Old names of places

Recently my 73-year old dad-in-law lamented to me that the old names of places in Penampang are fast being lost. True, and it is like that in many places in Sabah too. Areas sorrounding towns that were once rural villages are fast succumbing to urban sprawl with the ever-expanding construction of housing estates, commerical buildings and municipal infrastucture. The rustic characteristics of once quaint villages in many parts of Sabah are lost forever. One of these, as my dad alluded to, is the loss of original names of places. Names that, if we do retain, in my opinion, are so much more interesting and reflect our proud heritage.

My kampong, which is relatively still unaffected by urbanisation, is a typical old-style village in this sense: we have places in the kampong that we still call lubah, lumou, kawatangan, kagal, po’ong, tapou-apou, kuminongkod, wasai, and many more with dusun names. Some of these places are actually only a few hundred meters in separation but still warrant their own names. Villagers do these in the old days because people were not so far-ranging and mobile then, and were closely-knitted. Consider this conversation:

Villager1: “Nokoidu moti karabau nu! Mintangkus poh lod parai! (Your buffalo escaped! It is running around among the paddy!)”

Villager2″ “Odoi! Id nongo nodi? (Odoi! Where is it now?)”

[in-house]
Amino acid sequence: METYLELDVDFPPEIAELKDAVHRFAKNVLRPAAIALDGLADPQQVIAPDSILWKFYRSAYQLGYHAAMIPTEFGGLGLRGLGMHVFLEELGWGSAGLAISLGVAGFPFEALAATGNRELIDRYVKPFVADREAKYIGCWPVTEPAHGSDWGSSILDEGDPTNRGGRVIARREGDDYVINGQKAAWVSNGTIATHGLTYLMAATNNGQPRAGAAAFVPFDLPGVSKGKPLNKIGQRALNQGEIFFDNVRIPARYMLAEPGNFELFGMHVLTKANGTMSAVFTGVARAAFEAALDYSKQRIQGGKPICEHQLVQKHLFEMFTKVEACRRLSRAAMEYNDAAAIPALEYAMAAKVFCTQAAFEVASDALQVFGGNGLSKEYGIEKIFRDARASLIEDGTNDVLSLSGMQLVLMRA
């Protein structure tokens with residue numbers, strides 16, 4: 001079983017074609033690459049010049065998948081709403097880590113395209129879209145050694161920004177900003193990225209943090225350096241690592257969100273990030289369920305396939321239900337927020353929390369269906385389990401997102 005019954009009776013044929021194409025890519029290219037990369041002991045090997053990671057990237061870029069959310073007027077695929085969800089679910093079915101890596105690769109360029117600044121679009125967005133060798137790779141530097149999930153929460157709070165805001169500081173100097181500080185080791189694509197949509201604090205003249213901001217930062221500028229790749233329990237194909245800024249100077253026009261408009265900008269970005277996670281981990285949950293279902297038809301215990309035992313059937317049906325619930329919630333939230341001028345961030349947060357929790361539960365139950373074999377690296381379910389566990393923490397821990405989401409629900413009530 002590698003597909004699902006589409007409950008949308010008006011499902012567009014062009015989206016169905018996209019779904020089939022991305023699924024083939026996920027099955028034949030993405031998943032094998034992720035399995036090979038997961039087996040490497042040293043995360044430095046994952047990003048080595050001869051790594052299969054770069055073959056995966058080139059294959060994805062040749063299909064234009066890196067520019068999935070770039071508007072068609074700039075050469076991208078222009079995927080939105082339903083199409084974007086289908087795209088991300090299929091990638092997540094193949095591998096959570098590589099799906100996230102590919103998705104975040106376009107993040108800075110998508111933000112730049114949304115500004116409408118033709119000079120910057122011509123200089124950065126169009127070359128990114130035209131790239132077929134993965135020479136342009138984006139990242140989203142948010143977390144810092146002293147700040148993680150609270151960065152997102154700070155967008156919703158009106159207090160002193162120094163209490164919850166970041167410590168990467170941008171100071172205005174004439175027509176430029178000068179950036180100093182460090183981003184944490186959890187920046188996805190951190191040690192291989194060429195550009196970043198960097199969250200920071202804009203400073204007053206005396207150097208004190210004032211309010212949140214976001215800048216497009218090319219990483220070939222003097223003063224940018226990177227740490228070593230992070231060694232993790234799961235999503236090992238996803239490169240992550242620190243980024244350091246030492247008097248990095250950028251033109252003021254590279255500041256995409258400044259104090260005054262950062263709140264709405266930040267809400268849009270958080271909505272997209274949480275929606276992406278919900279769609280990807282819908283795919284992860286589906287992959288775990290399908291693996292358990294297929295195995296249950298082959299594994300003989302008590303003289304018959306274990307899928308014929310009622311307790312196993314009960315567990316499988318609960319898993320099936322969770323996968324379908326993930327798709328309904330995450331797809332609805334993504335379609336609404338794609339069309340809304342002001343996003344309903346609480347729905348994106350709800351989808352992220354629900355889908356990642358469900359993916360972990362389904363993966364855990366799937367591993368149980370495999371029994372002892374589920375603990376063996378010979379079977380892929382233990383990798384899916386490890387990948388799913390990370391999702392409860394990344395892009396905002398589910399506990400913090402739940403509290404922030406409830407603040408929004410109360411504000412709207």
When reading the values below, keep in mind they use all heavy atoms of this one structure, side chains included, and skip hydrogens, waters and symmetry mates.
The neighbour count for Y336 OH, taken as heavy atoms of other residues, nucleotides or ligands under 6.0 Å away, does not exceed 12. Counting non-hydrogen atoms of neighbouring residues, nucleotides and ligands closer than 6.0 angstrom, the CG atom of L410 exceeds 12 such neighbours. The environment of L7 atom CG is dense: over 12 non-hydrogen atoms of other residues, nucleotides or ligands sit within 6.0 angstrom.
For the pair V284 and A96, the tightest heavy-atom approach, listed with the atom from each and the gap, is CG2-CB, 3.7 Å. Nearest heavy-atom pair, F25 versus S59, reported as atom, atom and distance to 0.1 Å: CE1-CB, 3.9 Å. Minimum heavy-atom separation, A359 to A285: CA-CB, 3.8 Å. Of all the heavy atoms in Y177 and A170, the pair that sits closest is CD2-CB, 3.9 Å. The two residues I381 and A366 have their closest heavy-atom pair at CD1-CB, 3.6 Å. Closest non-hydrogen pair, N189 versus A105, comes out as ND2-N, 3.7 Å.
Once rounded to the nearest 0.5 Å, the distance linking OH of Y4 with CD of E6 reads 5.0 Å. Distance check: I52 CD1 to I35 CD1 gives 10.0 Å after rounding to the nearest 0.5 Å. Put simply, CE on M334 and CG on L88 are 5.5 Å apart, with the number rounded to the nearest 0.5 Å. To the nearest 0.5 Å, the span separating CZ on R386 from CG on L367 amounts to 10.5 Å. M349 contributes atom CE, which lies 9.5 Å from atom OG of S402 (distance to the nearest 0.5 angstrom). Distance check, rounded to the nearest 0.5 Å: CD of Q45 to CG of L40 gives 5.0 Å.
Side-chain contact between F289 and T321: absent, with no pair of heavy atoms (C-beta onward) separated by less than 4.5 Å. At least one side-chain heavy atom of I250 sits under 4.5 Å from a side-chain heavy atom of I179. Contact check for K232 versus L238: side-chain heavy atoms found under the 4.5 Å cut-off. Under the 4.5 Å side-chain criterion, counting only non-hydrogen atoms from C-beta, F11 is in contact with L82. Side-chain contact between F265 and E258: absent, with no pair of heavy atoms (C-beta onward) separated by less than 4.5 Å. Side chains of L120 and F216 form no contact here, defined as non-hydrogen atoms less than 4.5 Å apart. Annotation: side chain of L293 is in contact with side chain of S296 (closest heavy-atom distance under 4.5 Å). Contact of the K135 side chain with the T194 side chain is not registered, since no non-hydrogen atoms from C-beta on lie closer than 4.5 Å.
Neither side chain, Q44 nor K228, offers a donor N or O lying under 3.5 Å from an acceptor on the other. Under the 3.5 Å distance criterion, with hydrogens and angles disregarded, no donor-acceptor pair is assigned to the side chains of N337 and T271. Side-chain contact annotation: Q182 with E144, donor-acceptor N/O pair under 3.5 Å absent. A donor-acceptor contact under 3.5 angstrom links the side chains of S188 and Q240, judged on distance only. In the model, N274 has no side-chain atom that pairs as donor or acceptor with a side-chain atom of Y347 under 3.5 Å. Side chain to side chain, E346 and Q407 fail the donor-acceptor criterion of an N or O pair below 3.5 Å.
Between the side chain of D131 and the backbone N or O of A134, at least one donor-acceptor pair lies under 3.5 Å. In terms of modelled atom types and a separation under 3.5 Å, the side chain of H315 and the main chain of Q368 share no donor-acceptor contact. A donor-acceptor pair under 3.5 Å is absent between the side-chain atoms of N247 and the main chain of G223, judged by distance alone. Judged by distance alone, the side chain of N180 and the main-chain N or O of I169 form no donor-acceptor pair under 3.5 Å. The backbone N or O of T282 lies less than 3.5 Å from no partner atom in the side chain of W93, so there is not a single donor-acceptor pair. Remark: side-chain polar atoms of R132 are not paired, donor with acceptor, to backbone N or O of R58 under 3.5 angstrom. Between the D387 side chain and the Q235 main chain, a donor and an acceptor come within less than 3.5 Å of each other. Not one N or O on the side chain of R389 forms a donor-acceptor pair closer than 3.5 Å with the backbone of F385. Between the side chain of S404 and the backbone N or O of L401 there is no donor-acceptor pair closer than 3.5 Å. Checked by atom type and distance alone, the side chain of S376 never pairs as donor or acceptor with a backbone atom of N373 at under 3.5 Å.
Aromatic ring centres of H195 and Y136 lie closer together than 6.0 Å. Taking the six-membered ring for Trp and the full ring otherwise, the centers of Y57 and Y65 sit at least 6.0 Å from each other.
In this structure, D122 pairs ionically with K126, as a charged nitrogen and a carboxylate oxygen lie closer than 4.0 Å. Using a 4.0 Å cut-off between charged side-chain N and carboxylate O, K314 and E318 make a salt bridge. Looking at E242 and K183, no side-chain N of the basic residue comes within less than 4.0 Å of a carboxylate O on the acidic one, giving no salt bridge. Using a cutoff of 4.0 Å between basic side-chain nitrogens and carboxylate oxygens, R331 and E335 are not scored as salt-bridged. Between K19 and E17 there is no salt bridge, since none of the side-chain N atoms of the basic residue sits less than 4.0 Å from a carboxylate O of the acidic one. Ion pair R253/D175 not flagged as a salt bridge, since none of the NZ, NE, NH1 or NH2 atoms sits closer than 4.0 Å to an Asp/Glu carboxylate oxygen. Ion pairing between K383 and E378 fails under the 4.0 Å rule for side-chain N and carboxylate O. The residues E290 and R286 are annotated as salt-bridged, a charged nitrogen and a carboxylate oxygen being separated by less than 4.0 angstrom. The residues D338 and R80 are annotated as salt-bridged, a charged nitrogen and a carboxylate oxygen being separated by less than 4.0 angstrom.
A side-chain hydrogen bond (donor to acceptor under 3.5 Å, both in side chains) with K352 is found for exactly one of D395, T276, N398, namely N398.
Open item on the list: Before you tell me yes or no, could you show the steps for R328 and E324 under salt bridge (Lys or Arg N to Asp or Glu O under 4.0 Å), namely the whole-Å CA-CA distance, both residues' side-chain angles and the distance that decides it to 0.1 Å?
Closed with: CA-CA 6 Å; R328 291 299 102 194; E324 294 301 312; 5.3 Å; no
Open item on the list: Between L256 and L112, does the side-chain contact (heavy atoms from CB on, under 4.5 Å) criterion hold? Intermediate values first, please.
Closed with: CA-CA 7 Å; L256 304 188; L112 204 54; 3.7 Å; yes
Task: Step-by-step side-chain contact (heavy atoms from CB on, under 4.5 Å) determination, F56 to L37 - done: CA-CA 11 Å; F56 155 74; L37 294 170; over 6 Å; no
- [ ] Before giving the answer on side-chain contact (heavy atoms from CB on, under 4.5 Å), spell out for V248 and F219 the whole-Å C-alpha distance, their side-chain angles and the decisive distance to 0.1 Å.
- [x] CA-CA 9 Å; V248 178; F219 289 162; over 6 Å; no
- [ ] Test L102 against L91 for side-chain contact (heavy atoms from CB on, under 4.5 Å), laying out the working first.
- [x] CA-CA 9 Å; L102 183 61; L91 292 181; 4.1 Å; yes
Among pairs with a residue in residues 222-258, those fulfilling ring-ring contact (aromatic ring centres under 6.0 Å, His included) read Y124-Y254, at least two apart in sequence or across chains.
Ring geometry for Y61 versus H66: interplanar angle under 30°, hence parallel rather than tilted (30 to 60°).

Villager1 “Ilo monti di id Togoip eh, mongotop tomod di parai di Kundahal (It is at Togoip, grazing hard on Kundahal’s padi).”

Villager2 will know within a few meters where his buffalo is.

Now Penampang has names like Lorong Gunung Perlis, Taman Fraser, Taman Everclicked, Lorong Zirafah (Giraffe in Sabah?!), Taman Land Breeze, Beverly Hills, etc. I suspect there is a Hollywood somewhere too. Who the heck thought of these names?

According to my dad-in-law, Donggongon was not the original name of the town. In fact the place was named “Tundo’ngon”, which means a place to rest. In the old days, people from the further reaches of Penampang stopped by this place to rest on the way to Dapi-api (Jesselton, and now grand City of Kota Kinabalu), and also on the way back.


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